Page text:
Donaes de Moor (d. 1483)
Lamentation Triptych
Master of the St. Lucy Legend.
Lamentation Triptych: Detail
with permission of
Museo Thyssen-Bornemisza, Madrid
Donaes de Moor belonged to the upper eschelon of the merchant class in Bruges. He made a fortune in the fur trade, and was a most active citizen of the city and generous parishioner at the Sint-JacobskerkIn Donaes de Moor’s and Adriane de Vos’s time, the Sint-Jacobskerk, dedicated to St. James the Apostle, was the most affluent of the parish churches in Bruges…. In addition to serving as dean of the guild of the furriers, his civic posts, spanning the period from 1447 to 1481, included alderman, chef-homme and treasurer of the city; he also was a “guardian” of the Hospice of St. Julian. Along with his wife, Adriane de VosAdriane was one of five children of Jacob de Vos and Isabel van der Stichelen to reach adulthood…, he founded an almshouse“Alms” were monies or goods donated, in the name of Christian charity, to support the poor; almshouses were residences built and endowed by private charity to house and maintain the poor, especially the elderly poor… for the care of the poor in 1480, and they lavished many gifts on the Sint-Jacobskerk, including chaplaincies, the choir stalls, and the painting for the high altar (believed by Albrecht Dürer to be the work of Hugo van der Goes). Especially important to the couple was the small chapel dedicated to their name saints, Donatian and Adrian, which they maintained behind the high altar in the Sint-Jacobskerk. For that private chapel they commissioned the Lamentation TriptychThe Lamentation triptych (ca. 1475), linked to the Master of the St. Lucy Legend by the pomegranate pattern worn by St. Donatian, bears a connection to Obrecht’s Mass for Saint Donatian in both its original location and its donors… by the Master of the St. Lucy LegendThe Master of the St. Lucy Legend was an anonymous artist active in Bruges in the late 15th century, at the same time as Hans Memling, which implies shared patrons and mutual stylistic influence… and donated stained glass windows, altar tables, and embroidered altarcloths. Last but not least, Donaes and Adriane endowed the performance of several liturgical services, some of which, like the Mass for St. Donatian, included polyphonicMusical texture consisting of two or more independent melodic lines, combined according to the practice of counterpoint. music.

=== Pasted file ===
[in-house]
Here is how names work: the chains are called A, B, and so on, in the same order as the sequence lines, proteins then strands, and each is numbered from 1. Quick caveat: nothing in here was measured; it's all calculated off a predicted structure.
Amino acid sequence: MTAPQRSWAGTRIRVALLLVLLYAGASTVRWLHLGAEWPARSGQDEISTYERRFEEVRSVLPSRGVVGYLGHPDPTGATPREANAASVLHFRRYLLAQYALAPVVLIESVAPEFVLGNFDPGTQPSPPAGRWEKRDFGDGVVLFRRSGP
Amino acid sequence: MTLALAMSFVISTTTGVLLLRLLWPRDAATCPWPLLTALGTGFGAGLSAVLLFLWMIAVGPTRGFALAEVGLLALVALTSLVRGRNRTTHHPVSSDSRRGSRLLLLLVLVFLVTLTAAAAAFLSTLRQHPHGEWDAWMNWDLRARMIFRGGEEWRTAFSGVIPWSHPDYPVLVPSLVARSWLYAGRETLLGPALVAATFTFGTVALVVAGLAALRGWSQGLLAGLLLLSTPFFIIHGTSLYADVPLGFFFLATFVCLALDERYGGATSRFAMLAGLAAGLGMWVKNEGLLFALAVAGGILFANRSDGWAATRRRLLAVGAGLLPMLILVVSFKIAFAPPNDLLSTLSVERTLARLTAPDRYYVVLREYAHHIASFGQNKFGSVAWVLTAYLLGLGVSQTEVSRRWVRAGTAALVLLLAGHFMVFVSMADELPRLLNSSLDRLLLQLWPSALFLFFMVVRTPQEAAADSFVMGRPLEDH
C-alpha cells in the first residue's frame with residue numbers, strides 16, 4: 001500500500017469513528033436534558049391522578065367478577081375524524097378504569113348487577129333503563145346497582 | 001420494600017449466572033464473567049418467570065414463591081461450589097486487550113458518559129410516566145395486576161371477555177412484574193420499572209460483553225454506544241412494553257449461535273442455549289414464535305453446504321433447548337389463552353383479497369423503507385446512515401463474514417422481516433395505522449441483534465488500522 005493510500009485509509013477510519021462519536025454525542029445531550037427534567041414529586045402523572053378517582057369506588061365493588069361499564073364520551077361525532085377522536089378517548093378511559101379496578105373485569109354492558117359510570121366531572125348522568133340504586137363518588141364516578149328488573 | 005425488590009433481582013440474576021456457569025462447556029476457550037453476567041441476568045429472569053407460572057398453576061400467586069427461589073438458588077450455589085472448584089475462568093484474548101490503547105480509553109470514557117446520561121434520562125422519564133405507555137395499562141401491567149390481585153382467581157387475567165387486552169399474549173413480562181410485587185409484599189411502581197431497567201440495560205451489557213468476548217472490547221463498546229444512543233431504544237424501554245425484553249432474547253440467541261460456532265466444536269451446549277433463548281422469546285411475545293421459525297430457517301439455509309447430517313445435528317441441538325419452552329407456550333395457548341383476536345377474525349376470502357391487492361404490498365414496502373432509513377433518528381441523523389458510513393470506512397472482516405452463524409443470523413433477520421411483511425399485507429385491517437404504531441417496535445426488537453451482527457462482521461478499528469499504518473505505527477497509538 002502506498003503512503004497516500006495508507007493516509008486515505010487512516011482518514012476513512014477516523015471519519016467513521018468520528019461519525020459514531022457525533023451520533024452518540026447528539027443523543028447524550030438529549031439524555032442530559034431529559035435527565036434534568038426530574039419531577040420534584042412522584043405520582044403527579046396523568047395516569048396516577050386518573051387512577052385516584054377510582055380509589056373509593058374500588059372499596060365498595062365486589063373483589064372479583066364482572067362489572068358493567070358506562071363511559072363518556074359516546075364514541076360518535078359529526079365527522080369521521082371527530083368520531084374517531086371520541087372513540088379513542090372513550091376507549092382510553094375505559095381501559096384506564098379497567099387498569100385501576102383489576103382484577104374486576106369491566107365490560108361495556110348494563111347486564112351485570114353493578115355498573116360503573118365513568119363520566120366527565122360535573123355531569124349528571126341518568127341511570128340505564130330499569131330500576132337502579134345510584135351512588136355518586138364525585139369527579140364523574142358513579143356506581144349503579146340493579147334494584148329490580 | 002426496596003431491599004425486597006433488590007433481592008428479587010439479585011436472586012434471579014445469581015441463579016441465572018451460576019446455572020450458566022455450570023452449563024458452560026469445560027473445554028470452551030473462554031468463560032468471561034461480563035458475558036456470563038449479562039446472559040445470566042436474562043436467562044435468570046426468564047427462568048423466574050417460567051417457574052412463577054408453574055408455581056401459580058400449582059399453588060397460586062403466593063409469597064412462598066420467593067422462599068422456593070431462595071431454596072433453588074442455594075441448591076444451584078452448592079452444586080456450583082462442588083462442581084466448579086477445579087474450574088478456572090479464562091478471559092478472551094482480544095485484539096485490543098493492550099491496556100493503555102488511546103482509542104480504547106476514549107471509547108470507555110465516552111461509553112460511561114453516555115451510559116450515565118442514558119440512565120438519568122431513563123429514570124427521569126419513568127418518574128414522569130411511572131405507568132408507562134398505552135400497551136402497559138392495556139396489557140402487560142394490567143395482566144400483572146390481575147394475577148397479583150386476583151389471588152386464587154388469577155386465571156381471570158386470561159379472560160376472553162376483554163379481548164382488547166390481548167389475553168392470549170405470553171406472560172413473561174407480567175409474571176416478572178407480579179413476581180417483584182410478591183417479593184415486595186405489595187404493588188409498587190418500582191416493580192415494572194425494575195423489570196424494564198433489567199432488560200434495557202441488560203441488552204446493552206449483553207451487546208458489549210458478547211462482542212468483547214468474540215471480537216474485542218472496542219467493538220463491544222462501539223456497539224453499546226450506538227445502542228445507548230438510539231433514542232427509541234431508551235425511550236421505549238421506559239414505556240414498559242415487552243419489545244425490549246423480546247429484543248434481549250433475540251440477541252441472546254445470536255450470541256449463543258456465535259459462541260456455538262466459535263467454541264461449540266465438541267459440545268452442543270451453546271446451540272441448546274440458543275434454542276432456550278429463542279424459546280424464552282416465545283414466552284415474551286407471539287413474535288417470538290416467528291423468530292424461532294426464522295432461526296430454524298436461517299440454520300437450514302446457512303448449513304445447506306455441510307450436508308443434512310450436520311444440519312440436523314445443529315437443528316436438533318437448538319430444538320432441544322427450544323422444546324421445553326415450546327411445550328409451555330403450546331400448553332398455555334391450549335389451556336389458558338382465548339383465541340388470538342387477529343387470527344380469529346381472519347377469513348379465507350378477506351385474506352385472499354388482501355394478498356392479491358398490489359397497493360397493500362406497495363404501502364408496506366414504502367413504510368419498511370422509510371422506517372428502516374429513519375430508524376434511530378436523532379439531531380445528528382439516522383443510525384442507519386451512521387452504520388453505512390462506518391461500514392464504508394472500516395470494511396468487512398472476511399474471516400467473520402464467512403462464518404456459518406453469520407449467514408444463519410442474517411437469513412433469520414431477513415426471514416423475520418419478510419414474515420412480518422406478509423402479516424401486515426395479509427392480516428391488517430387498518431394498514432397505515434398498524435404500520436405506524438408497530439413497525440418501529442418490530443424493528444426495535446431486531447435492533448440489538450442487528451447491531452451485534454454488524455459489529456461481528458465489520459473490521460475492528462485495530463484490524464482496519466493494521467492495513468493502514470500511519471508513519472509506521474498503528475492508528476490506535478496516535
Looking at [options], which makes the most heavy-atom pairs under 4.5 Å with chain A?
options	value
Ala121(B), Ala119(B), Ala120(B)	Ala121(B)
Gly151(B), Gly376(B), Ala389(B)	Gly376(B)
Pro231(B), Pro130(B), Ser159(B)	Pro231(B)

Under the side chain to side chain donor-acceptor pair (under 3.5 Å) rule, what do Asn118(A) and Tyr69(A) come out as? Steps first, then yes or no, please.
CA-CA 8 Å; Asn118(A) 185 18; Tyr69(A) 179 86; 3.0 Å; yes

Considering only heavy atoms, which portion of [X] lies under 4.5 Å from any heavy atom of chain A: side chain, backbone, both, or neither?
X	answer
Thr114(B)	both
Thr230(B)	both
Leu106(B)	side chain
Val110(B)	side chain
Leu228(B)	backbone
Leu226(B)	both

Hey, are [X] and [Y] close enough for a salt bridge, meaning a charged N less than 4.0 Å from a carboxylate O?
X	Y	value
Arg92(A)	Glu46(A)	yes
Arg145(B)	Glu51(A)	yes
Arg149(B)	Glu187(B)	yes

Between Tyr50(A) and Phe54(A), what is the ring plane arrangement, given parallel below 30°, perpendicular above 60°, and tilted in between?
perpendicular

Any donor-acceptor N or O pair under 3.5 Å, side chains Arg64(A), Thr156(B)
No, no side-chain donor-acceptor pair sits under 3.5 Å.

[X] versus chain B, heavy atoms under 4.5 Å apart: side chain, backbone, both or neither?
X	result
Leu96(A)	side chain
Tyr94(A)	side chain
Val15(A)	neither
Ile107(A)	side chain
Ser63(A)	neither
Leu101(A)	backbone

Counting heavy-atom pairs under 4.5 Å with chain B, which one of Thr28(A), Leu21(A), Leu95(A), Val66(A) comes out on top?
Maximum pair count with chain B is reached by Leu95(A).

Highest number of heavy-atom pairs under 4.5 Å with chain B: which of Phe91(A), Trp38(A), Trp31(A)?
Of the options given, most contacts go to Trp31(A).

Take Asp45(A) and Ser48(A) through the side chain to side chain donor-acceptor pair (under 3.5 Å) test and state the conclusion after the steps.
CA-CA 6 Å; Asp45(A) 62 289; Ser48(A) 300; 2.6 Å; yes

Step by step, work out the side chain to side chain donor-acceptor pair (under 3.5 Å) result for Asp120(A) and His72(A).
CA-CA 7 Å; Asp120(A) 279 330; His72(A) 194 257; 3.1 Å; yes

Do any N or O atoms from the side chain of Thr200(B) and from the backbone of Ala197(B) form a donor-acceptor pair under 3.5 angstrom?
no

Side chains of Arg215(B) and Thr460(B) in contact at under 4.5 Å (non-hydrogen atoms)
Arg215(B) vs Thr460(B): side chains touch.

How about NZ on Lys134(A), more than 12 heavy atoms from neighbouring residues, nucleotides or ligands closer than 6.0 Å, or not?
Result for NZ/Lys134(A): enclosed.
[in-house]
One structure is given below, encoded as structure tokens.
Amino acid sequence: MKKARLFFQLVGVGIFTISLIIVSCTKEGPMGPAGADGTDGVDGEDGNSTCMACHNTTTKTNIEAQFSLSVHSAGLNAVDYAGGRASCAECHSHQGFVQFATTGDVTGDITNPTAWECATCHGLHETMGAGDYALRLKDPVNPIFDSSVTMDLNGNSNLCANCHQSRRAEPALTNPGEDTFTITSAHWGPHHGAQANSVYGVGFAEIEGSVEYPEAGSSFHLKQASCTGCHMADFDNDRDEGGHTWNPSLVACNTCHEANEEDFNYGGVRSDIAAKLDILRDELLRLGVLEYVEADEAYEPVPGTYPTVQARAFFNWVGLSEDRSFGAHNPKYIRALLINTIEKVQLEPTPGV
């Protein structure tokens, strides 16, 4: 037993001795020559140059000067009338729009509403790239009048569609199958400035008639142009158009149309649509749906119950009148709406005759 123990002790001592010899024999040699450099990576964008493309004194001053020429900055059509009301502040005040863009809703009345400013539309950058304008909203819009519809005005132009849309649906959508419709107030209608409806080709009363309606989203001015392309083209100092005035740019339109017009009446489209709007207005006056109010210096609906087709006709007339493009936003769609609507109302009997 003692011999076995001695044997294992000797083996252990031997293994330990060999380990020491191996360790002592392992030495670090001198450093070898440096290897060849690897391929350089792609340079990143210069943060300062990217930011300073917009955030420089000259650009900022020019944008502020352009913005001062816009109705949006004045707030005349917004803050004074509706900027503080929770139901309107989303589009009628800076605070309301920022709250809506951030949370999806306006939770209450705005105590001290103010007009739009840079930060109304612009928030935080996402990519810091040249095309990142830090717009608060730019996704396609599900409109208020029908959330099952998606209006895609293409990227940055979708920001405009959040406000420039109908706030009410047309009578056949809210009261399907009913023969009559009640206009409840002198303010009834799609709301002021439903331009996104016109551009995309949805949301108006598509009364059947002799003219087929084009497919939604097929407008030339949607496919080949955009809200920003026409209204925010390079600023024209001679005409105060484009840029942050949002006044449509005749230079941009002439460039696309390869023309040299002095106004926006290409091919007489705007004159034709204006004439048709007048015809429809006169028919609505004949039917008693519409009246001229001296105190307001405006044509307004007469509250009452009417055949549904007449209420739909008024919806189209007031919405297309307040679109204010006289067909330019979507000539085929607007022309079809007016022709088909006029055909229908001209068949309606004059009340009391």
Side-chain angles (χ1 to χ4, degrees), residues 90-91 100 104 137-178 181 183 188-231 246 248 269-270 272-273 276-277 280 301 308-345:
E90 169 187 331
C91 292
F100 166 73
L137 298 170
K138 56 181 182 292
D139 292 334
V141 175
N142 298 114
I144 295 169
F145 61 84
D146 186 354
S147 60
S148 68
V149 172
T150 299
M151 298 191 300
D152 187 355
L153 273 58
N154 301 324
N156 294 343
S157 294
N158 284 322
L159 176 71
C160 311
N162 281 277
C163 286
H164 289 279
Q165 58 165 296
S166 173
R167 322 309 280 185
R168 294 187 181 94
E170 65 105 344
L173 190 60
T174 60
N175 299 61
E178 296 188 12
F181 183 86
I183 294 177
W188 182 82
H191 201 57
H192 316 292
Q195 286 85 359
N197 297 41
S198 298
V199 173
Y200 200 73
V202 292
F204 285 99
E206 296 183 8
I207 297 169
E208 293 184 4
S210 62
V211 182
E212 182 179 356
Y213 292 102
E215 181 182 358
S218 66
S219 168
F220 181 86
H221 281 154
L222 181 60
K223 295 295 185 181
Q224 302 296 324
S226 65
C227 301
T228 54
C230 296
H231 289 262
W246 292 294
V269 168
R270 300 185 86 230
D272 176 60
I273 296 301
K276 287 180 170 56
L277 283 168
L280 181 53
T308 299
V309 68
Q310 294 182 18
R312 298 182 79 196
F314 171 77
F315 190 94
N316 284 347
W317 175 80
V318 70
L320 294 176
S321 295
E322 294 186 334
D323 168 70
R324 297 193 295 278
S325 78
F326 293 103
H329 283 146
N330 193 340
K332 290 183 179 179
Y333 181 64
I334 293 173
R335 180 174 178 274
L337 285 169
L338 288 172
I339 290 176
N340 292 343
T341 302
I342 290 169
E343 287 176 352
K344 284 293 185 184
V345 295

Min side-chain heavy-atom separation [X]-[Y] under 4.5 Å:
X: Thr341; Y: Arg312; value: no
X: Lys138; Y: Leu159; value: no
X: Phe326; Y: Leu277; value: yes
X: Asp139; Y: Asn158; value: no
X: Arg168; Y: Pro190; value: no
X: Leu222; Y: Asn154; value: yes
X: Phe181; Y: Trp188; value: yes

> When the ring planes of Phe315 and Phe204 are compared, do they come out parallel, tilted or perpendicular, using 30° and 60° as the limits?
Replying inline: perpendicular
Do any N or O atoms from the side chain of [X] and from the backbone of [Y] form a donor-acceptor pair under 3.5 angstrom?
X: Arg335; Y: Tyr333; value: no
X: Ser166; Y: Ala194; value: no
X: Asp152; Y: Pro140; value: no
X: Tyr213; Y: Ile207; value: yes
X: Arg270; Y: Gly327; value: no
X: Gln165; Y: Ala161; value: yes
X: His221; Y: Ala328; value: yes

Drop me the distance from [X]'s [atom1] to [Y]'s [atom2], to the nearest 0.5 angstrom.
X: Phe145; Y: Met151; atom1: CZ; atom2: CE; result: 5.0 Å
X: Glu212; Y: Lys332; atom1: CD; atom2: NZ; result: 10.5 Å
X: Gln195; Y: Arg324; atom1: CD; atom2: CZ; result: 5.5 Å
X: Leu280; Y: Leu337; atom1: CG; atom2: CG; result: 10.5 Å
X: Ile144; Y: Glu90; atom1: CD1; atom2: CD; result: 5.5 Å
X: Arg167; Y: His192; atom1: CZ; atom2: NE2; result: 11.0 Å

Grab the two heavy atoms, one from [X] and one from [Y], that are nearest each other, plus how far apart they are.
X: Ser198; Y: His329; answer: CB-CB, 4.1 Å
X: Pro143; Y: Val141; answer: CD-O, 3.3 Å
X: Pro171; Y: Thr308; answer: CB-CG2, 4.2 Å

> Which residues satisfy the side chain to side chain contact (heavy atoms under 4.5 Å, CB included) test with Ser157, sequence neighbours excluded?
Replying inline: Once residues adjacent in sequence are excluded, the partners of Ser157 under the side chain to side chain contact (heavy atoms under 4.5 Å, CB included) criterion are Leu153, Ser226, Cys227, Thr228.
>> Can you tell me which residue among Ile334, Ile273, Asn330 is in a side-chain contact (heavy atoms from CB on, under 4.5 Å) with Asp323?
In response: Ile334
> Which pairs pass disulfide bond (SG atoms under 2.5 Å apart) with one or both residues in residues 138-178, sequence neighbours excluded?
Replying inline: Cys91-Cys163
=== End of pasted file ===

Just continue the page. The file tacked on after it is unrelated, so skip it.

On 13 May 1483 Donaes was sentenced to 50 years exile from Bruges, accused of collaborating with the future Emperor Maximilian against the local government then engaged in a revolt, instigated by the French, protesting Maximilian’s right to govern as regent after the death of his wife Mary of Burgundy in 1482. Less than four months later, on 9 September 1483, Donaes died in exile on his estate in Middelberg, Holland.

The donor portrait painted by the Master of the St. Lucy Legend on the left wing of the Lamentation Triptych reveals a man probably approaching 60, with close-cropped thinning grey hair and deep lines on his face. His firm mouth, strong nose and level gaze perhaps suggest a strength of character we might even today associate with a successful business man and civic leader.

M. Jennifer Bloxam

Select Bibliography:

Eisler, Colin. The Thyssen-Bornemisza Collection: Early Netherlandish Painting. London: Sotheby’s Publications, 1989. See in particular p. 122.

Hudson, Barton, ed., with Reinhard Strohm. “Missa de Sancto Donatiano: Critical Notes” in New Obrecht Edition, 3:ix-xvii. Utrecht: Vereniging voor Nederlandse Muziekgeschiedenis, 1984.

Strohm, Reinhard. Music in Late Medieval Bruges. Rev. ed. Oxford: Clarendon Press, 1990. See in particular pp. 146-47.